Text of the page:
“I get up in the morning
and dress up like a gentleman –
A white shirt, a tie and a suit.”
With this dressing up ceremony Mbuyiseni Oswald Mtshali begins his poem Always a Suspect, which describes an ordinary day of a black man in the streets of apartheid South Africa, constantly suspected as intruder or as a criminal.
“Ha! Ha! I know who you are;
beneath those fine clothes
ticks the heart of a thief.”
Mtshali sharply points out the role that ‘a tie and a suit’ plays in local socio-political dynamics, where millions of men have to navigate minefields of false assumptions.
Fifty years after the poem was written, apartheid was replaced with democracy, yet both the suspicion and the suit maintain their roles. This reality inspires the ‘born free’ artist Lesiba Mabitsela to investigate the politics of the suit and the tie in the South African context. The promising young artist is diving deep into the meanings of male fashion in the post-colonial environment, using both academic research and art practice.
“I research how men take fashion as a tool for social mobility. African slaves took clothing in order to be considered as fully human. If you are looked at as being savage, the first port of becoming civilised is clothing. I study the characteristics embodied in the suit, which becomes a symbol of masculinity.”
He first developed an interest in the theme when studying fashion design at Tswana University of Technology. “There is too much European influence in African fashion in the first place. World fashion swallows native clothing and makes you think that Western fashion-making is universal and superior. I was hoping that by the end of that degree I will come up with a range of clothing that reflects production techniques that are of African descent. My approach was very naive.”
After working in the fashion industry for a while, he is back in academia, as a Masters fellow of UCT Institute for Creative Arts. In the meantime he was warmly received as performance artist in the Cape Town public art circles. His reception on the streets of Cape Town was quite the opposite. “Coming from a protected space in Joburg to Cape Town I experienced myself as ‘just a black person’. This is the worst place to discover that you are black.”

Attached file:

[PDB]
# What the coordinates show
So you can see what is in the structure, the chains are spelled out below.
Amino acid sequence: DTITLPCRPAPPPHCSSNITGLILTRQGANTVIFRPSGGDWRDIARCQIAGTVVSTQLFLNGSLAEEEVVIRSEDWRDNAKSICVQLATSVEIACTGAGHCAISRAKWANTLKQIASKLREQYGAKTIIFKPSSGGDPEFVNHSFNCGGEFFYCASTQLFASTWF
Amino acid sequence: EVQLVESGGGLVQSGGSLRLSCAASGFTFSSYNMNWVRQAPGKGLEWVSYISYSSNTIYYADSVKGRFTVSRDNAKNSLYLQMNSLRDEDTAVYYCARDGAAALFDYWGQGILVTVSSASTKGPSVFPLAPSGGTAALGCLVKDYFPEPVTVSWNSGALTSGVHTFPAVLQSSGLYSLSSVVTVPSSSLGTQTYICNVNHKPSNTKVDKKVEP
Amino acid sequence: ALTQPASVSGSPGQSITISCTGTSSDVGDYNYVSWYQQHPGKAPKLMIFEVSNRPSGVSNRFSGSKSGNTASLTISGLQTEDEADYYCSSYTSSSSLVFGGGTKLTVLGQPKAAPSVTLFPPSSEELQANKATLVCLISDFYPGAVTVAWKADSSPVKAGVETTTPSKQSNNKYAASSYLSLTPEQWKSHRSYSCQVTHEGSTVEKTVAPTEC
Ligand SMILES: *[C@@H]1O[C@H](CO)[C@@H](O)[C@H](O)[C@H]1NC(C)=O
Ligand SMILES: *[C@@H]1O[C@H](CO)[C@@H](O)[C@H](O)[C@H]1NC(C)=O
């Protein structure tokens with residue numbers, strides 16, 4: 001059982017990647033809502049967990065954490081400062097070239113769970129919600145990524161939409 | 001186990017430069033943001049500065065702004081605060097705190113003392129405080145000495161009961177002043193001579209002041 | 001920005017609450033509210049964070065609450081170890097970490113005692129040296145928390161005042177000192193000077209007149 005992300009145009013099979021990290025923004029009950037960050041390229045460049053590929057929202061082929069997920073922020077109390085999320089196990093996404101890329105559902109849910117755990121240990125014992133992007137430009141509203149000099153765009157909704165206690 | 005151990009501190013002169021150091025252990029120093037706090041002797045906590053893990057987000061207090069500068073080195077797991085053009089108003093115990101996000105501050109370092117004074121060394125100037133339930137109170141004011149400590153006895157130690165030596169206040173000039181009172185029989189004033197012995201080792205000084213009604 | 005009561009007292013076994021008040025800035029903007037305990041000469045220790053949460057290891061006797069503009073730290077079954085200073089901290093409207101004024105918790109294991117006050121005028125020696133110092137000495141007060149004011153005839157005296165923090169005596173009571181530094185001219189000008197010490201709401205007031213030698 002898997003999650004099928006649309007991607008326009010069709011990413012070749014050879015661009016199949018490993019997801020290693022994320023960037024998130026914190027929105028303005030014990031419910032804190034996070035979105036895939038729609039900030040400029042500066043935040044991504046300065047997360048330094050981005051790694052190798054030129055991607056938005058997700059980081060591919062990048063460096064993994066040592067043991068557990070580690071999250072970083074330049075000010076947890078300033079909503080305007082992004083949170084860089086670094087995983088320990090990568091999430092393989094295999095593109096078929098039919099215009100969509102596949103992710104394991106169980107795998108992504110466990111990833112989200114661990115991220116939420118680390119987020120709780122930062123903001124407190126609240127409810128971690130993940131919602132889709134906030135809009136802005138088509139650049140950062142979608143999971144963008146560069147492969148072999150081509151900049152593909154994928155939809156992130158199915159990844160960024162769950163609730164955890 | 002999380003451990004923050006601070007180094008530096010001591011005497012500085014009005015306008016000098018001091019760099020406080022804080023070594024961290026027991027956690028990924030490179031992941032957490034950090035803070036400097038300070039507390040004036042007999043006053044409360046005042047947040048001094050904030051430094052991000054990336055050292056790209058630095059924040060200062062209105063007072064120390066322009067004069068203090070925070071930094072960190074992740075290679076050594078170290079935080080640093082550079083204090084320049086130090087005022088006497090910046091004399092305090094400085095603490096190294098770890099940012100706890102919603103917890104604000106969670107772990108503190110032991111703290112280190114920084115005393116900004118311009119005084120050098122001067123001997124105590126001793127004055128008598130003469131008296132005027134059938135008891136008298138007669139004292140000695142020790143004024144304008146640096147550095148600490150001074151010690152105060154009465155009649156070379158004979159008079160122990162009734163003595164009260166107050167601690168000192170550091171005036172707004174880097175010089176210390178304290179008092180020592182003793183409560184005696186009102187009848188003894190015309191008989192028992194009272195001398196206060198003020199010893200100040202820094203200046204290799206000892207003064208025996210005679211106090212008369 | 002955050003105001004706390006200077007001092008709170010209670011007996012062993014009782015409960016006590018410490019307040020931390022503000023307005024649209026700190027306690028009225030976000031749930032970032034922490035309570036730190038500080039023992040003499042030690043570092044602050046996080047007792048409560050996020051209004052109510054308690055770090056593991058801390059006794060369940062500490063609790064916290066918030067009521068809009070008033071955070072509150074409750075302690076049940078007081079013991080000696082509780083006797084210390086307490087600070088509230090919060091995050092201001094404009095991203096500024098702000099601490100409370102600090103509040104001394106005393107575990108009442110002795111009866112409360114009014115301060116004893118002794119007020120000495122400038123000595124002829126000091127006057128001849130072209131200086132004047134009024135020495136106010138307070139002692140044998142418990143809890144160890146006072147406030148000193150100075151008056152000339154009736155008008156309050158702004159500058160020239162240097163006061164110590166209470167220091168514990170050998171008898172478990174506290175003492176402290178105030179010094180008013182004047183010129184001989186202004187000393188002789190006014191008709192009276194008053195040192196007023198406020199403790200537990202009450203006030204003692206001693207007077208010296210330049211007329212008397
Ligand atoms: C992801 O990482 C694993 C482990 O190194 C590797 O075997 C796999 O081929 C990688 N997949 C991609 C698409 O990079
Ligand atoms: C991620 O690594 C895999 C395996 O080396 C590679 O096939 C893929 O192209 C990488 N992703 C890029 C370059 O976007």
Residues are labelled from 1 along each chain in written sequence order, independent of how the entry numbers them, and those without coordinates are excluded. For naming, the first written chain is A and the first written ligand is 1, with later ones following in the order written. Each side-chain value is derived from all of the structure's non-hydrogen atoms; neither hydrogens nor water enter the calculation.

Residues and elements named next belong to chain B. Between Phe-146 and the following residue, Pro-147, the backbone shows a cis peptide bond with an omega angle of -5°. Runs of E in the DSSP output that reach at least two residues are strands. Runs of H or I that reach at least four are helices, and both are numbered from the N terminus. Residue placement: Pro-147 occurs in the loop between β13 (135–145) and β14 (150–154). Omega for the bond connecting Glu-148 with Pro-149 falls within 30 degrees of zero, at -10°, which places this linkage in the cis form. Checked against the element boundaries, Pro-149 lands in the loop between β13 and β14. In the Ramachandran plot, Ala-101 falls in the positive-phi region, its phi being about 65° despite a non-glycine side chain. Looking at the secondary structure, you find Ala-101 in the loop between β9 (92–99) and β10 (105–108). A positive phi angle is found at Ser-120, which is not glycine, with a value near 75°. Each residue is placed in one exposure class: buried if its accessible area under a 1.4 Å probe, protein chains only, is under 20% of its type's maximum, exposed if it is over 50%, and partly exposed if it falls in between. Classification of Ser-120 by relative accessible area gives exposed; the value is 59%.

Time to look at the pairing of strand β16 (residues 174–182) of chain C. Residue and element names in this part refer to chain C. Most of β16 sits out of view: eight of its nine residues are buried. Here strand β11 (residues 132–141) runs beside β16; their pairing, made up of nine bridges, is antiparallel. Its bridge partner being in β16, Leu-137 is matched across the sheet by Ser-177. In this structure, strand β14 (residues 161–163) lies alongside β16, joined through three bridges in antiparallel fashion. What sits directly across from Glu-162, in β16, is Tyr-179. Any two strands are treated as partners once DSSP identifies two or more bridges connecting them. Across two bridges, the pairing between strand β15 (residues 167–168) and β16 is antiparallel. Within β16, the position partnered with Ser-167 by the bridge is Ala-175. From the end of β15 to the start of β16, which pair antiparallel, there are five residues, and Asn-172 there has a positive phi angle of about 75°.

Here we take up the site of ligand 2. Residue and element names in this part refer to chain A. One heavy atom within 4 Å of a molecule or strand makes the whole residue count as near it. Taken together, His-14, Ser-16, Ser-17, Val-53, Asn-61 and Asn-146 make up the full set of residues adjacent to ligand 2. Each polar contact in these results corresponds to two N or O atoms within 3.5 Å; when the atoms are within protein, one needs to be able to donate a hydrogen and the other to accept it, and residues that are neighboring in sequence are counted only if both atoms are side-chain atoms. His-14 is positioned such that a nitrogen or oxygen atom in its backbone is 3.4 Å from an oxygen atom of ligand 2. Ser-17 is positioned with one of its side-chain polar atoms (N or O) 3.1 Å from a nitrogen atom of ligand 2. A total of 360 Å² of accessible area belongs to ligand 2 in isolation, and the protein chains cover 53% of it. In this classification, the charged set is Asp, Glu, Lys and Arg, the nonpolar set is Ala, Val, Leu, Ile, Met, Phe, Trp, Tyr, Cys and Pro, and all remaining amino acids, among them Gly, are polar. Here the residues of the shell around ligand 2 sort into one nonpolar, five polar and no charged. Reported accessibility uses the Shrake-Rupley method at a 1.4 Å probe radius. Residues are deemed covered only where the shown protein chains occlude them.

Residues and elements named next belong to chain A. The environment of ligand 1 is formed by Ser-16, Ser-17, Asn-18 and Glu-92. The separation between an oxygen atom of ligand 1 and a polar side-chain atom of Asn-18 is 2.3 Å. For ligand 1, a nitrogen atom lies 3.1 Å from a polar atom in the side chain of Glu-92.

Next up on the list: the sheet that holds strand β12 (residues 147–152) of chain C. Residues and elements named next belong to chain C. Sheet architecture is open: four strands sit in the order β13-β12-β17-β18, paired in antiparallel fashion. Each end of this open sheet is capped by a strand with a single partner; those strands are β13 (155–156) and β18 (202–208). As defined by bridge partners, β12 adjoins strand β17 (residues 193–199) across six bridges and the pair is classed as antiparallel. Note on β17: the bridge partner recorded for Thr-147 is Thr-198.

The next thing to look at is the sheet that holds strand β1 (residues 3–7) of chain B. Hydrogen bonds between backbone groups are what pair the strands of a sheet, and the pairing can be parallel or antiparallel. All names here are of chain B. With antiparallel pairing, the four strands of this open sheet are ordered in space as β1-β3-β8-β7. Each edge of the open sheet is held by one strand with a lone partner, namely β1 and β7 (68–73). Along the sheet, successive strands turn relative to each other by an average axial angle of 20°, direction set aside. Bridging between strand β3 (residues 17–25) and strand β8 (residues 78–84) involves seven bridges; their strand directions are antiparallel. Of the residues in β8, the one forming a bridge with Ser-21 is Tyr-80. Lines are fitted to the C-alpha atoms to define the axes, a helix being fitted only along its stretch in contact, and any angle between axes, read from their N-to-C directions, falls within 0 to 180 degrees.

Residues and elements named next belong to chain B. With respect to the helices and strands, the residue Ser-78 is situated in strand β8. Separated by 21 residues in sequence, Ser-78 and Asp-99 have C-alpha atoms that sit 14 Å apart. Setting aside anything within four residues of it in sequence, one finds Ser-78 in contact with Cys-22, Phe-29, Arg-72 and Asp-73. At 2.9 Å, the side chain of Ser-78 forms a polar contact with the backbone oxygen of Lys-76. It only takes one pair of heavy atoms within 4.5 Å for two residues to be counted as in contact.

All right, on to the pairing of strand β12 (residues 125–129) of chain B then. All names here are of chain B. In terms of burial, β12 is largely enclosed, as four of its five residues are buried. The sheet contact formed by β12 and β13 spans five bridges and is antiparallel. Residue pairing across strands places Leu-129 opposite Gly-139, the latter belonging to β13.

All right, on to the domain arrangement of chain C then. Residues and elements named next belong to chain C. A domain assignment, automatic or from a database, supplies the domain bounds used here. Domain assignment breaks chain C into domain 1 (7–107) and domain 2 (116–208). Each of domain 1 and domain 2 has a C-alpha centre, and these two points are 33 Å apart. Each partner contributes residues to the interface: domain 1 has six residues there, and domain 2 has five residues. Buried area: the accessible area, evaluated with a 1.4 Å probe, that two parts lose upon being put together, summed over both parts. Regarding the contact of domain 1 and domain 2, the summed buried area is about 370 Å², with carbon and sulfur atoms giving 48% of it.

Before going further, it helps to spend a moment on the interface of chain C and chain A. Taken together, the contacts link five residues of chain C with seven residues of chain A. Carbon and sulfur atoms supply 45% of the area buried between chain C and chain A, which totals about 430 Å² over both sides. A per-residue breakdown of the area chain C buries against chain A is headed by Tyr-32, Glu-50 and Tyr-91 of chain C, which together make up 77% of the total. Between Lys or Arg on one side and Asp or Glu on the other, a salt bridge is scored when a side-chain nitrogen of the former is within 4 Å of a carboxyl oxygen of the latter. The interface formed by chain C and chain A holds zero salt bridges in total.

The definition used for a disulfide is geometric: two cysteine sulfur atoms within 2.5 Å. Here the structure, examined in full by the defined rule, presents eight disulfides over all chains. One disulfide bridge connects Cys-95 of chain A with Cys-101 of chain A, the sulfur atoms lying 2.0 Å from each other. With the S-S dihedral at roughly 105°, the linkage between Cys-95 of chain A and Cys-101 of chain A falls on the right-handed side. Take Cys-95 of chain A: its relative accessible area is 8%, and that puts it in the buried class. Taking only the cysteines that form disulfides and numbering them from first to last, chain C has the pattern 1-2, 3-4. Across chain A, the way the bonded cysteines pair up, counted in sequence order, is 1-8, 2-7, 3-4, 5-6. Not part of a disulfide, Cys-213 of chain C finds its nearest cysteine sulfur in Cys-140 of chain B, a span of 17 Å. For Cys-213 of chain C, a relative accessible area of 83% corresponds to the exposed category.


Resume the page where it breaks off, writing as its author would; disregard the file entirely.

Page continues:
A good window into his thesis was provided in an installation he created for the 2017 ICA Live Art Festival, presented in late February at 6 Spin Street restaurant in Cape Town. Under the title Black Tie Store Opening Lesiba brings together fashion design and performance “to address issues of de-coloniality and memory in our everyday existence.”
Entering the space just in time, I take a seat and watch two video screens playing a cheerful video of a tailor working on garments. As anticipation builds up, the video is replaced with fast edited black and white imagery of gentlemen from film noir and Dolce & Gabbana ads. The soundscape is replaced with disturbing sounds of beating slaves, smacking women, sex. Together the audio-visuals mix violence with consumerism, linking rape to sports cars, slavery to perfumes, high heels to torture.
A model comes into the space, walks between the four rows of chairs where audience is seated. The setting resembles a fashion show. Unlike the Men Fashion Week, the model is intimately close to us, the audience, without the distance usually created by a stage. This allows seeing the details of his garment, and also the details of his body. He is not trying to look happy or sexy, he doesn’t smile or try to please us, he walks like a ghost, as if unaware of us looking at him. That is until the model occasionally creates long eye contact with an audience member, breaking another convention of the fashion world. The power structure of the gaze is disrupted.